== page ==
If a journalist makes a new R bucket in the wooded realm of internet media, should it make a sound?
It’s worth noting that the Gartner R Bucket definitions are a moving target. Three years ago, Gartner had five R Buckets, today they recognize more than 12.
Virtual Clarity/DSE hold our definitions constant for purposes of consistency. Gartner change their definitions constantly because they are a media publisher and need to appear to be constantly generating 'fresh' content.
We use four standard R Buckets because they represent immutable points of assessment which are not impacted by nuance. So what exactly is an 'R Bucket'?
Sometime referred to as a 'migration treatment', a 'disposition', a 'migration strategy', R Buckets represent the colloquial short hand to categorize the kind of work being performed on an Asset as part of a migration or transformation program.
In the old days (basically anytime prior to about five years ago), everyone created their own labels to describe the various degrees of effort across a wide spectrum. Customer and Service Providers might talk about: Replatforms, Rearchitect, Retain, Retire, Rebuild, Revise, Rehost, and lots of other permutations of labels used to describe work. Many of these labels didn’t even start with R - but why does that matter?
Establishing a common lexicon to describe migration-oriented effort being performed on an Asset against a Placement option is key - but wait! What is an Asset and what is a Placement option? Rewind!
Migrations and transformations can generally be described using three important variables:
* Asset – a noun, represents the object in consideration for migration
* Placement – a noun, the target location for the Asset post-migration, often referred to as landing zones. Placements can be places, like AWS or Azure, but Placements can also represent virtual constructions defined to establish an operational state e.g. Containerization
* Treatment – a verb, a Treatment describes the work being done on an Asset to migrate or transform the Asset as required to achieve a state of compatibility with the target Placement. R Buckets are the shorthand labels for Treatments
When assessing large portfolios of Assets for fitment into future state landing zones, it is essential to codify Placement and Treatments in basic, intrinsic forms that are free from nuance, inferred knowledge and subjectivity. But what does that mean ?
When performing large scale assessments against the portfolio of Assets, variables need to be defined in such a way as to enable programmatic evaluation. In other words, let algorithms do the heavy lifting to achieve scale. Computers generally do not express opinions and are not good at subjective evaluations based on inferred knowledge. Computers do what they are told - so how do we tell a computer to evaluate a portfolio of Assets against Placement options in a form that enables the production of Treatment categorization? We start with building a stack of Treatments that are logical. Wishes, dreams, hopes and favorites are not logical things. Can and Can’t are logical. Want and Should are not logical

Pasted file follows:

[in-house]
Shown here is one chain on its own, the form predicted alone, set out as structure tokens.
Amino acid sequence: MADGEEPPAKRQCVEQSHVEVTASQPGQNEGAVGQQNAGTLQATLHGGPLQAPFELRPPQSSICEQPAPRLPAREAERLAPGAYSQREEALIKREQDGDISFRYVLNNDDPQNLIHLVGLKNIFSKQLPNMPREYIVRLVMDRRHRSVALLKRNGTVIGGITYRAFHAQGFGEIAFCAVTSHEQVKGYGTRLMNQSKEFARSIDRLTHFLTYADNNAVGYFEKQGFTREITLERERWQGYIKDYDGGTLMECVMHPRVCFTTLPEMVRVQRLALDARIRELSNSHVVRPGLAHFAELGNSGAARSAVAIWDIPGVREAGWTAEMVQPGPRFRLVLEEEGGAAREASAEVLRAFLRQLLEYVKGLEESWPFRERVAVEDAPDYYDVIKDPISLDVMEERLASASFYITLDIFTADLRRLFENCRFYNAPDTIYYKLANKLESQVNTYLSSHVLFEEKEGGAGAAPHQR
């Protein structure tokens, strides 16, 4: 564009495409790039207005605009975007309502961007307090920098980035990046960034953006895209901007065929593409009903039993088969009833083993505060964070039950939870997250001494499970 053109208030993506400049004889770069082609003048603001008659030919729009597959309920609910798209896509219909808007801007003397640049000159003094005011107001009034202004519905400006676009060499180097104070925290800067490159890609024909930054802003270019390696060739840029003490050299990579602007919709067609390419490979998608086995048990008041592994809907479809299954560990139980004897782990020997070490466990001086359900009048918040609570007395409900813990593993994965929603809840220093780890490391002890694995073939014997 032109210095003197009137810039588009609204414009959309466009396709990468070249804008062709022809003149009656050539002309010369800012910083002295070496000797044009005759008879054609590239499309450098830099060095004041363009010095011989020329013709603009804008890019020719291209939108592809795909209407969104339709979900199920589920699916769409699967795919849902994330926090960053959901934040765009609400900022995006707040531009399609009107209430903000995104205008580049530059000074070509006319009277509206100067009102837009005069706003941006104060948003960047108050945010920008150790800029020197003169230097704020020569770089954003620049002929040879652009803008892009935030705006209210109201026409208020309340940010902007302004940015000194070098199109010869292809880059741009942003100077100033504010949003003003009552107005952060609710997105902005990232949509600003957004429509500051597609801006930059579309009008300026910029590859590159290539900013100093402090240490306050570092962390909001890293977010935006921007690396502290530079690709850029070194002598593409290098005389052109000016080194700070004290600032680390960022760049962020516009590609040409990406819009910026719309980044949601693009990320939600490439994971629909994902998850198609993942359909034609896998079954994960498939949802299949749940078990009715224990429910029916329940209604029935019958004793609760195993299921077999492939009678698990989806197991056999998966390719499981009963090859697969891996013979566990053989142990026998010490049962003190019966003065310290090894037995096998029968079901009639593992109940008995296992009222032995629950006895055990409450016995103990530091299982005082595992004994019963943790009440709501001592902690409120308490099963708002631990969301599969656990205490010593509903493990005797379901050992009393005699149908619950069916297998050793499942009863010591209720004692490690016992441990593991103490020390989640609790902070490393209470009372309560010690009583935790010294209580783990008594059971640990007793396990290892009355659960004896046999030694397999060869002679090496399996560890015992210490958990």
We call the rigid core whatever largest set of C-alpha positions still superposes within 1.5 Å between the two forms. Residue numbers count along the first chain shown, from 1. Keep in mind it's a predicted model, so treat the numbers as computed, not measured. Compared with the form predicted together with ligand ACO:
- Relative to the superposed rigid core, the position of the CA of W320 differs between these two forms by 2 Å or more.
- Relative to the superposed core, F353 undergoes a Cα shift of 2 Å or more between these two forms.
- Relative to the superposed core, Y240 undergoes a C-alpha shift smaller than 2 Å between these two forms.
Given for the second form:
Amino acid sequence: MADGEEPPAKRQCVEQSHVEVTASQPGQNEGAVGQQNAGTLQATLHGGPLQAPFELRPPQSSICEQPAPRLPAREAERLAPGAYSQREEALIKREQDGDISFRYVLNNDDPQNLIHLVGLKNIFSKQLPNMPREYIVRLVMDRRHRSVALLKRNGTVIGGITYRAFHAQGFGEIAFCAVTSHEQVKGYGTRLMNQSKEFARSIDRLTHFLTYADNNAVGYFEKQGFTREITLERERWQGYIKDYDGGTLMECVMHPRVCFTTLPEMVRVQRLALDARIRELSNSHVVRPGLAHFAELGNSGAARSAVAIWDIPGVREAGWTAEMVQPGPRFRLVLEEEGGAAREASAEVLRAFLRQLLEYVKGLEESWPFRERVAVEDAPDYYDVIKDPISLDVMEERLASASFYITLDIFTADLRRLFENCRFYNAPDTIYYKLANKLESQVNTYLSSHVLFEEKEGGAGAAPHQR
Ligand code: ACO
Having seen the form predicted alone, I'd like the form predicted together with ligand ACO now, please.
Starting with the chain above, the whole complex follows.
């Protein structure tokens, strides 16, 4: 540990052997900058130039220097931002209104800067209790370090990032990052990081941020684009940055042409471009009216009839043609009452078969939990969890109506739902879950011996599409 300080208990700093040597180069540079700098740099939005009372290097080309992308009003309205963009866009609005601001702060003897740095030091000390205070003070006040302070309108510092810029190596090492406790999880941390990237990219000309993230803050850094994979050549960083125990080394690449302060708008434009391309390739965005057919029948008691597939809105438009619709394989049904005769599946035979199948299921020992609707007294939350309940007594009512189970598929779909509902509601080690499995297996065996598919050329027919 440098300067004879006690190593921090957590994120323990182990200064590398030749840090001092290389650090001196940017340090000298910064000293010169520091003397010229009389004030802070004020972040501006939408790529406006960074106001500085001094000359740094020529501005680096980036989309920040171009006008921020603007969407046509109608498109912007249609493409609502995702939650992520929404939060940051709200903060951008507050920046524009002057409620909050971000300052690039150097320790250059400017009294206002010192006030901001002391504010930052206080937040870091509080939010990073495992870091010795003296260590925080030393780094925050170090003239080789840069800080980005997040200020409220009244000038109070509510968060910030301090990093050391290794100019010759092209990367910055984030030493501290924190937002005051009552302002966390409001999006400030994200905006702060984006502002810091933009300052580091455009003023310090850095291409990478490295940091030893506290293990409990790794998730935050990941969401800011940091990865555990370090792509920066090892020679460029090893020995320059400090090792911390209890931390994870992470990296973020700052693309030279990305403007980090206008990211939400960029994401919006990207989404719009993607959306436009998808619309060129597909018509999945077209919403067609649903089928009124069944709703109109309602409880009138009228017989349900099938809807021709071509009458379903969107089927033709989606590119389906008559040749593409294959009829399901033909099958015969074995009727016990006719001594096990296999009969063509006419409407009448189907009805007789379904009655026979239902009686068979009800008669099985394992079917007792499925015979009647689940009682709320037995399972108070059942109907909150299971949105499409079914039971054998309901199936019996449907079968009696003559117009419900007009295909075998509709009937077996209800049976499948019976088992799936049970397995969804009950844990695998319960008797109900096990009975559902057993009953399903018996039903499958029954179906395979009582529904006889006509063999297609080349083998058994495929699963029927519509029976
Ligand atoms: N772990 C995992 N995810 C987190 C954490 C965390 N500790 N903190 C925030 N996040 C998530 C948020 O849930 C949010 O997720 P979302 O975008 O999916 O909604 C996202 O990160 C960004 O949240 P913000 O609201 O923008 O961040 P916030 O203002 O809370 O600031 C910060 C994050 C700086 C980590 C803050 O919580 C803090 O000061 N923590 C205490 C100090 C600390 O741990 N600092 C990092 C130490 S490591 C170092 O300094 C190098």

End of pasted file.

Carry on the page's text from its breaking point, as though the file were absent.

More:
Rehost – the Asset is 100% compatible with the EA Standards used to define the target landing zone (Placement)
Refactor – the Asset has a current state dependency on an operating system version that does not meet the EA Standards of the target landing zone, and must be upgraded during migration
Revise – the Asset has hard-coded IP Addresses in the source code, and these hard-coded addresses must be removed during the migration
This is where things can get complicated, unless we are careful about how we codify various forms of subjectivity:
Rebuilds live in a world of hopes and dreams, but sometimes have humbler beginnings. Because our goal is to assess large portfolios efficiently, accurately and in a standardized way, we must disentangle the objectivity from the subjectivity.
Objectivity = can/can’t
Subjectivity = want/should/hope/dream/wish
Therefore, Force Rebuild = can’t/can’t
The Asset currently runs on Solaris and is required to migrate to a windows containerized landing zone
The Asset should employ a microservices aligned containerization architecture
The computer understand that Solaris is not compatible with a windows container = forced rebuild
The computer does not understand why a microservices architecture is required to achieve containerization…decomposing an Asset into microservices is not an inherent requirement to containerization
So how many R Buckets do I really need? And should they change? Why does Gartner list 12 or more? How do we all speak a common language? How do I keep my sanity over time? How do I stay current? Am I still cool if my R bucket definitions have not changed in two years? Do hipsters dream of new R buckets from over-priced lofts in Brooklyn? Why do I have so many questions?
Back to basics. Not changing is cool. Find strength in conviction. Use a Sharpie.
- R bucket definitions need to start with immutable truths
- Yes/No and binary evaluations will keep you free from subjectivity, inference and arguments
- Build a foundation on codified objectivity
- Decompose wishes/desires/hopes/dreams into statements of fact
- R Bucket definitions should be allowed to recursively mature and harden, but not proliferate
- The application is entirely compatible with the target landing zone and can be migrated with only configuration changes.
Example: The application is 100% compatible with the target landing zone.
Example: Running RedHat 6.5 and requires upgrading to RedHat 7.4.
Example: Removal of hard code IP/configurations
Example: Solaris, AIX
Example: Decompose application into SOA compliant components to take advantage of containers.
The answer is four. You need four R Buckets to assess any portfolio of Assets against any number of Placements. Trust me. Your Migration Factory friends will thank you.